It’s summer.  Be kind to yourself. Take a rest and find your future again.

Cumbria shootings: emotional pain reduction

There are comparatively few people in physical pain as a result of Derrick Bird’s shooting spree. The ones he killed are no longer suffering. The dozens left behind, injured and bereaved are the ones hurting, potentially catastrophically. And those uncovering and stirring their own old wounds as they are impacted by the media.

I’m not an anaesthetist so am not going to comment on reduction of purely physical pain.  Though a lot of physical pain is caused by emotional problems, the pain of physical injury is not my brief here.

However, I do have a track record of reducing emotional pain. I can categorically state that emotional pain CAN be reduced, if not completely eliminated, and when it goes, for many people it takes a lot of physical pain with it. That is not speculative comment. It happens. Let me explain a bit more…

Human beings, it seems, have basic emotional needs in the same way that they have basic physical needs in order to exist. Physical needs include food, water, sleep, protection – things like that.  The psychologist Maslow had what he called a Hierachy of Needs, and these physical things are ‘bottom line’ essentials for existence. Without them our physical bodies collapse. Maslow also had on his list emotional needs, and although we can live without them to survive, we cannot live without them without suffering emotionally.  They are emotional essentials. Deprived of them you HURT. Resupply them and the pain stops. Emotional pain is caused by the differential (the gap) between the need and the supply, so sometimes it is perfectly possible to reduce the pain by reducing a person’s need of those emotional essentials.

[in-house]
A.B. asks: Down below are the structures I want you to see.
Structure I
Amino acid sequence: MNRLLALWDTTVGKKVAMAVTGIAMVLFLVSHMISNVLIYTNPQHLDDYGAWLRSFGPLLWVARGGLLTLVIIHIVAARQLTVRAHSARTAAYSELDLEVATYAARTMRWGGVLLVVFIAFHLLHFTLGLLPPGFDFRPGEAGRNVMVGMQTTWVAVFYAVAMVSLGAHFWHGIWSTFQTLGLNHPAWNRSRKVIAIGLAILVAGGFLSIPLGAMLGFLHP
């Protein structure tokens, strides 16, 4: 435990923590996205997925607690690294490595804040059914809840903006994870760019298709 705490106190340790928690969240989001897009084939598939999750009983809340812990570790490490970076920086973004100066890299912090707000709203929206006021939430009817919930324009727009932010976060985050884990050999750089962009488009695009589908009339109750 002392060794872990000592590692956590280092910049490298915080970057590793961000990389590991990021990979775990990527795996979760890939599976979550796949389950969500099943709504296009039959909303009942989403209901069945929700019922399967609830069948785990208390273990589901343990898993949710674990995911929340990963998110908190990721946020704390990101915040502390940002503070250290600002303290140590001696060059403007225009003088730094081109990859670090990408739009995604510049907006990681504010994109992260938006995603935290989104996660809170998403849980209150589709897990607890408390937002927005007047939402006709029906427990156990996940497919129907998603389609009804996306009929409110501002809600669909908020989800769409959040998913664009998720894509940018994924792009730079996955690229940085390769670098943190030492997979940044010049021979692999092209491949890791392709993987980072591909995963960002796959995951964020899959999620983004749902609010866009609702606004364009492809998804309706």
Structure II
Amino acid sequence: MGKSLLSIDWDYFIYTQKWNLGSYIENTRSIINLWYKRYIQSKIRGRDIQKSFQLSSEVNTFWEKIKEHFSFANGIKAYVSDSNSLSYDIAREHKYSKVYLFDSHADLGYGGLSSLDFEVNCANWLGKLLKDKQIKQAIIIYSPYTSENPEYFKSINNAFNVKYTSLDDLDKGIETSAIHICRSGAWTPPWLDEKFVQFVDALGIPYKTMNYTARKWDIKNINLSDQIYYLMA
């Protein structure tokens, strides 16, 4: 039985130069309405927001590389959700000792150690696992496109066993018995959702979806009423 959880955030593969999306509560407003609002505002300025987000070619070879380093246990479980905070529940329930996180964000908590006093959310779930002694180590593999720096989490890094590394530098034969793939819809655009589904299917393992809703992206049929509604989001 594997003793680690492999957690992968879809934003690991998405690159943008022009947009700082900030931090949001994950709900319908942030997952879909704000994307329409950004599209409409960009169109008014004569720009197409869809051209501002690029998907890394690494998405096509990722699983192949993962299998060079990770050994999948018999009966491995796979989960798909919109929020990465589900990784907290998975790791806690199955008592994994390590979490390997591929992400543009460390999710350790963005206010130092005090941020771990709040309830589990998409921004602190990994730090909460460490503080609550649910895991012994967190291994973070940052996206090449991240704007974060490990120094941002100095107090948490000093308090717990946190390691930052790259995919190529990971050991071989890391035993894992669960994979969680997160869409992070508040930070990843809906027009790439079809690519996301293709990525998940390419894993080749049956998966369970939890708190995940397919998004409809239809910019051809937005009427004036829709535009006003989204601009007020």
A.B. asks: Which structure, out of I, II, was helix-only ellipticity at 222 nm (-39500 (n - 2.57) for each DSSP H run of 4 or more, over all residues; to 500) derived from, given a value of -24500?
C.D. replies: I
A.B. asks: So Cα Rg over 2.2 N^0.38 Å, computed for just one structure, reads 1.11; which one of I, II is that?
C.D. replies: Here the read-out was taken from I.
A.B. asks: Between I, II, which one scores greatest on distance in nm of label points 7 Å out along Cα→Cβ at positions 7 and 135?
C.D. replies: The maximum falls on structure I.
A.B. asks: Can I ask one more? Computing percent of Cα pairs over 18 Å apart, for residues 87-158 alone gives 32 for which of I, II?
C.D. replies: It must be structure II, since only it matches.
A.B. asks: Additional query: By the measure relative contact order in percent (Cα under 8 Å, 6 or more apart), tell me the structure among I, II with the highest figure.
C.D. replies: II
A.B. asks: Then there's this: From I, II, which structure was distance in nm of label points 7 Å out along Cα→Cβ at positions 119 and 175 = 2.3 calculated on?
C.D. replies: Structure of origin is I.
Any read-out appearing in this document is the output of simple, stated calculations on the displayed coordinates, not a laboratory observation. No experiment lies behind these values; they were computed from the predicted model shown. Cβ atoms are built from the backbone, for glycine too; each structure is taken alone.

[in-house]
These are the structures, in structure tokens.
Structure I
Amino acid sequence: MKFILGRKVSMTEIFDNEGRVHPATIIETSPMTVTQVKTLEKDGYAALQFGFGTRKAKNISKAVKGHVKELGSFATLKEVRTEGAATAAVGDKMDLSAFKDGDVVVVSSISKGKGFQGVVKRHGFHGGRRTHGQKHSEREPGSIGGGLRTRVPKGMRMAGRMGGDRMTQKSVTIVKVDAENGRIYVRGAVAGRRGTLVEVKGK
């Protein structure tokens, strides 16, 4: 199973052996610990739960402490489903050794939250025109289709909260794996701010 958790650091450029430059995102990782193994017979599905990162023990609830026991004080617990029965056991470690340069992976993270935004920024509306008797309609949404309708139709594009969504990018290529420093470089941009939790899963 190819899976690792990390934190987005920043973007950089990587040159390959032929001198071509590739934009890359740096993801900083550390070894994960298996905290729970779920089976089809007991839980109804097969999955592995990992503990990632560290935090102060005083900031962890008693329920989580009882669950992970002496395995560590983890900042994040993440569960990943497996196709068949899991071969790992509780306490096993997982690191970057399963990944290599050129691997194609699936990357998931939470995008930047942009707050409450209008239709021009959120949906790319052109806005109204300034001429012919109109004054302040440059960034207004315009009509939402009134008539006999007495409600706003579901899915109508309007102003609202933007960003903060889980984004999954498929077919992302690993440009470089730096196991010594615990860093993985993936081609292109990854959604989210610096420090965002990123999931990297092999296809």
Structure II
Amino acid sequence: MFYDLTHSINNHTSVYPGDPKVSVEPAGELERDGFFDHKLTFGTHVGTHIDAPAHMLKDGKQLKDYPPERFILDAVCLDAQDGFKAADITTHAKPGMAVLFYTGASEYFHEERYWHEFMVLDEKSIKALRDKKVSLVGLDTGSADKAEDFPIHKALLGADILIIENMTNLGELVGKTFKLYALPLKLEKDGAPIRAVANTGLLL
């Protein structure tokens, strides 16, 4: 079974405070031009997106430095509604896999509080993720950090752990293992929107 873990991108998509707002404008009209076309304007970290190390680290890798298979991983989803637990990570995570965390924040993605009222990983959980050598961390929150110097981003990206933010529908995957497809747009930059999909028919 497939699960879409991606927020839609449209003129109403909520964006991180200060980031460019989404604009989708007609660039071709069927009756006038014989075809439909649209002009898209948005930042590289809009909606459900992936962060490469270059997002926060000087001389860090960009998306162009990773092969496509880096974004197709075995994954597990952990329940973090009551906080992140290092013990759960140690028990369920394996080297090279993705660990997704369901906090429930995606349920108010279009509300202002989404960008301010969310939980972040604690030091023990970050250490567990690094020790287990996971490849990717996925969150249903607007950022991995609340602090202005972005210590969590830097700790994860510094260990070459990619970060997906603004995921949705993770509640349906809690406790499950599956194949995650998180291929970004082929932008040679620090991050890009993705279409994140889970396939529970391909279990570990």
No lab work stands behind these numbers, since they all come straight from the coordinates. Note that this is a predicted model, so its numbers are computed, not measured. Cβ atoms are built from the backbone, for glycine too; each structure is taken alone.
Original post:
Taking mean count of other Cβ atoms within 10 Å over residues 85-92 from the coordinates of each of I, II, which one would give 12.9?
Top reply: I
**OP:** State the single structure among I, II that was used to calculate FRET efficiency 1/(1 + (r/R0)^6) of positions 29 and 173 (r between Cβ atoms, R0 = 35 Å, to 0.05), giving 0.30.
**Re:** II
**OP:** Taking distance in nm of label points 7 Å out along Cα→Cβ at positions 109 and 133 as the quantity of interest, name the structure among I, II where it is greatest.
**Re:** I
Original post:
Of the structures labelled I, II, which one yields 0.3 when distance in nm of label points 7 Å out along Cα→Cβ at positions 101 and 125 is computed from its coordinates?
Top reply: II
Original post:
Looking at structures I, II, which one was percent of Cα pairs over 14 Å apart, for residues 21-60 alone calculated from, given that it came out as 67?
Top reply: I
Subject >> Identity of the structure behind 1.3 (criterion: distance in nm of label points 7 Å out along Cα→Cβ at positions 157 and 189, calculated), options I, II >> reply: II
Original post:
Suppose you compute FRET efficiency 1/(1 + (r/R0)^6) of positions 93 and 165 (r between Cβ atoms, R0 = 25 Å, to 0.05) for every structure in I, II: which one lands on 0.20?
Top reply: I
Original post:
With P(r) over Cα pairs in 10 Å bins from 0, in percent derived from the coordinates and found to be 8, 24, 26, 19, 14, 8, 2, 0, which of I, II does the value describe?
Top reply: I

It’s interesting that some of them are perceptual. Here’s an example. The need to be accepted into a group is generally regarded as a very strong human emotional essential, but if you genuinely don’t interpret a group’s behaviour as rejection, you won’t feel the pain, even though people are rejecting you wholesale. And conversely, if you imagine their behaviour to be rejection, then you will feel pain, even if they are not rejecting you at all!

Emotional pain is very subjective. In other words, to a large extent it is up to you how it affects you. Now that is a useful thing to realise, because, potentially at least, it means that if you are in control of the way you think you can control the emotional pain you experience. This of course, like many things in life, may be simple, but not necessarily easy. The good thing is you can learn how to control it – if you want to. (Some people rather enjoy emotionally induced pain in a way that people can enjoy physically induced pain. It can have some real pluses: be a lifetime talking point, provide identity, and give you a bond with other sufferers.)

You CAN get rid of emotional pain – pretty much anyway. One way, like starvation in your physical body, is to provide what its crying out for. That can work, but it can also have other side effects. Like food, there are optimum levels for your emotional essentials, and too much is as bad as too little. It is easy to overcompensate and damage ourselves. And like a physical wound the damage starts to cause pain.

In Powerchange we have what we call  ‘psychological anaesthetic’ to enable people to find a new (usually lower) level of emotional need and close the differential gap so the pain stops.  The addiction to an external supply of the ’emotional need’ also stops.  Freedom!

It’s that freedom I’m wishing upon the people in West Cumbria this week, and anyone affected by Derrick Bird’s final journey.